It is no joke to get the public more involved in research
An expedition out of the lab and down to the pub can benefit science and society
Thursday 17 November 2011
On a Friday night
visit to your local pub, you might be surprised if you found a group of
researchers entertaining a lively crowd with a stand-up routine.
But this is exactly what you will see if you come to The Bright Club, a comedy night established by University College London, where staff and students deliver their jokes while sharing their research with sell-out audiences. This might sound unusual, but it is just one of the many non-academic ways universities and researchers engage with the public.
Because research is publicly funded, it is important people are aware of where that investment is made and how it has an impact on their lives and the UK’s prosperity. But the benefit is reciprocal. Telling jokes and other forms of direct engagement also bring valuable input.
Some of the excellent research that is taking place today relies on the direct engagement of the public to refine ideas, gather data and, of course, to develop the curiosity of the next generation.
Researchers are excellent role models for young people and can play a key role in motivating students and raising ambitions. A survey of more than 1,000 scientists carried out for the Royal Society showed slightly more than half had been influenced in their career choice by a visit to a scientist’s or engineer’s place of work; and nearly a quarter had been influenced by a scientist or engineer visiting their schools.
Dr Michael Pocock, a research fellow at the Natural Environment Research Council (NERC) Centre for Ecology and Hydrology has encouraged and supported thousands of school children to work with him.
They gather conker tree leaves to find out what type of insects emerge.
They post their findings online to answer important questions about the biology of these insects. He says: “I think it is vital to engage with others about my research. One really effective way of doing this is to ask them to join in and do the research. I believe that it is really important to communicate to people the importance of research in our environment.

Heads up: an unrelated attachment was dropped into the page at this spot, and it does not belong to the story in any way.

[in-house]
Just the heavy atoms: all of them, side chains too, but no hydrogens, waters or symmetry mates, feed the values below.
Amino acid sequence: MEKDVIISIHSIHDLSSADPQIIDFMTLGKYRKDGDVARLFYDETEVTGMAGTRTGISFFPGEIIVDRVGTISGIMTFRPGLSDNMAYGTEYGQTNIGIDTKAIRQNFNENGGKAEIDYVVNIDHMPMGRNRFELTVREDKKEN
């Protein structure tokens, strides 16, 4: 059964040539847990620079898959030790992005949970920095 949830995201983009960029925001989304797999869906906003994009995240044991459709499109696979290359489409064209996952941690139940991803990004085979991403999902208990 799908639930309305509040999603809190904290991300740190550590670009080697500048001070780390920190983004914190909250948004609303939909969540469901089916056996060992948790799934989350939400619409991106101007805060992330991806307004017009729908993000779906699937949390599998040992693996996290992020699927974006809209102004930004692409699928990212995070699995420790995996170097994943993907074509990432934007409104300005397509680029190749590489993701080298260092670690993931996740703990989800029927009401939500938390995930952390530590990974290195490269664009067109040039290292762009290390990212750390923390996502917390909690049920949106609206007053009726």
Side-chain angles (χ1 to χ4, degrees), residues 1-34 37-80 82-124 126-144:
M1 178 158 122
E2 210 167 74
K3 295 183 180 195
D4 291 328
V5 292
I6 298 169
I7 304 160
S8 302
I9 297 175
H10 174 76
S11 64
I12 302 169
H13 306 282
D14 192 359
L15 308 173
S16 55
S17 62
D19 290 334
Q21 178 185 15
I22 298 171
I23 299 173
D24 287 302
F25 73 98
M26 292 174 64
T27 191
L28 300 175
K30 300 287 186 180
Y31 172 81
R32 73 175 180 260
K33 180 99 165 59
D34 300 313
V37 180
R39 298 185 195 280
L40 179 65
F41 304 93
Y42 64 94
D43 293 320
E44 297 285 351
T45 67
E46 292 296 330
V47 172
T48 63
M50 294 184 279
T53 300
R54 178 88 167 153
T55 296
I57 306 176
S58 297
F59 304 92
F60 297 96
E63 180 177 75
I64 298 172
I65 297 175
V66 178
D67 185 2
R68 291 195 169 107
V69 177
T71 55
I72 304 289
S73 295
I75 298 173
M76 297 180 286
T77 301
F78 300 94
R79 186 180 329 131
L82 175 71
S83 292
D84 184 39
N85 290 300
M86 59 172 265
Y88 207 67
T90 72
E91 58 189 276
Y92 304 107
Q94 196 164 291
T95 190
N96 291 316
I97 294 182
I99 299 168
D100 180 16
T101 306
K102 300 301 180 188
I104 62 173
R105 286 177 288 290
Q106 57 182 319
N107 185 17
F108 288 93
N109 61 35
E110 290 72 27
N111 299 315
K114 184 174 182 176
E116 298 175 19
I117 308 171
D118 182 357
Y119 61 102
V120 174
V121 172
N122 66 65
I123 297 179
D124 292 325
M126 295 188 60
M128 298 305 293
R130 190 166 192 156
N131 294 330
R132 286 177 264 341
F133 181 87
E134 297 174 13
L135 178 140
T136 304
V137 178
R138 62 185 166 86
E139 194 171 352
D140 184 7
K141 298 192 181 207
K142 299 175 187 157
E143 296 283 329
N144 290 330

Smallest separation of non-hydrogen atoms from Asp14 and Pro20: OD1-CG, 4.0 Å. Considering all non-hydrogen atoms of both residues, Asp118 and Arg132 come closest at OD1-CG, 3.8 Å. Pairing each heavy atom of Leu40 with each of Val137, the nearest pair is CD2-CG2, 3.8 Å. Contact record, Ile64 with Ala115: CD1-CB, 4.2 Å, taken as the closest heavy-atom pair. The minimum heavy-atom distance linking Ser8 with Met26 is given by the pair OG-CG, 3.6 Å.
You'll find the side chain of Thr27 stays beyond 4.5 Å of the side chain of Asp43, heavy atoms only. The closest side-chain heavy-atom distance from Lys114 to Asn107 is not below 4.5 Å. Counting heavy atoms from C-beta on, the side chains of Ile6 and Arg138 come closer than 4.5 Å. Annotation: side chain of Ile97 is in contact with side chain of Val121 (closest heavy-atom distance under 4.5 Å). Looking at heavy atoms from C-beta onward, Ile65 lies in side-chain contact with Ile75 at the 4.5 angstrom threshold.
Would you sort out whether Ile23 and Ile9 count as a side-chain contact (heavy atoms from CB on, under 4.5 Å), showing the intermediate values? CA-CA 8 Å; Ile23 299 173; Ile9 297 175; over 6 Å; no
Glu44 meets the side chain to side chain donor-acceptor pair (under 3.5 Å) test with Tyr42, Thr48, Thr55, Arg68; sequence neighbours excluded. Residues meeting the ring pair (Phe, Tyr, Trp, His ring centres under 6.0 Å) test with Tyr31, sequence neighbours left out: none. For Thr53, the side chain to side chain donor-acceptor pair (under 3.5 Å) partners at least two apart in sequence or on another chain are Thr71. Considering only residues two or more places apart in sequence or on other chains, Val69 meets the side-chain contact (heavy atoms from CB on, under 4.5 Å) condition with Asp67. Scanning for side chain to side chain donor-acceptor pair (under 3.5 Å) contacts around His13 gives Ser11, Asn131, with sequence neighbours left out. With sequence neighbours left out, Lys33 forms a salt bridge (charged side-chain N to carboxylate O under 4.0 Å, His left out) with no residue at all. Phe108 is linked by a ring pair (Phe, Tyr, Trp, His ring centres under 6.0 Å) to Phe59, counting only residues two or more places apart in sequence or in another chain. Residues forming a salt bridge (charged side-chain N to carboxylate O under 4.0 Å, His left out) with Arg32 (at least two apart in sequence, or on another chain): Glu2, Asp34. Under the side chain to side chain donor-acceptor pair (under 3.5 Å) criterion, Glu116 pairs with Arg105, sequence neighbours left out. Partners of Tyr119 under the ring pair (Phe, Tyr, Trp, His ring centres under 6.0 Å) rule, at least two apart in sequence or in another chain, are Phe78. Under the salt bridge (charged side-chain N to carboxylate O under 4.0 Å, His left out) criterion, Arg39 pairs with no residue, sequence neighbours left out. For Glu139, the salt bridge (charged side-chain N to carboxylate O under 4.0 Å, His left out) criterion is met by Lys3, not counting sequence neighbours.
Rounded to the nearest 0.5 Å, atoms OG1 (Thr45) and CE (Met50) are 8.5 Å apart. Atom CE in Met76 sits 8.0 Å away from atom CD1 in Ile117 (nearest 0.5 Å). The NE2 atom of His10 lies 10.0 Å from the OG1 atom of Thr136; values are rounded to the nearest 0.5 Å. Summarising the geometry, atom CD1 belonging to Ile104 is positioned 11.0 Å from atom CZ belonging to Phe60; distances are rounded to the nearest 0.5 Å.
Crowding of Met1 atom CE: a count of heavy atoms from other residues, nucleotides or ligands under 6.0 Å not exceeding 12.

The other thing is that this type of engagement is great fun.” The centre has also developed a smartphone app so anyone can get involved in the research by photographing samples and sending them in directly.
At Research Councils UK (RCUK), we believe engaging the public with research should be part of every researcher’s ambitions. In partnership with the Higher Education Funding Councils and the Wellcome Trust, we invested in the beacons for public engagement. These are university- based collaborative centres set up to support, reward and build capacity for public involvement with research. The project is engaging thousands of people across the UK with research in immediate ways.
RCUK is working with the other funders to create a culture that prioritises public engagement. A concordat for engaging the public with research was launched at the end of 2010 to emphasise the opportunities across all disciplines. The National Coordinating Centre for Public Engagement’s (NCCPE) Engage 2011 conference, in Bristol on 29 and 30 November, will be a great for learning more about public involvement.
For the researchers, engaging with the public builds skills that are useful in all walks of life and enriches personal and professional experience. It may also improve their comic timing.
More information about RCUK’s support for public engagement is available at www.rcuk.ac.uk/per For more information about the NCCPE and Engage 2011, visit www.publicengagement.ac.uk
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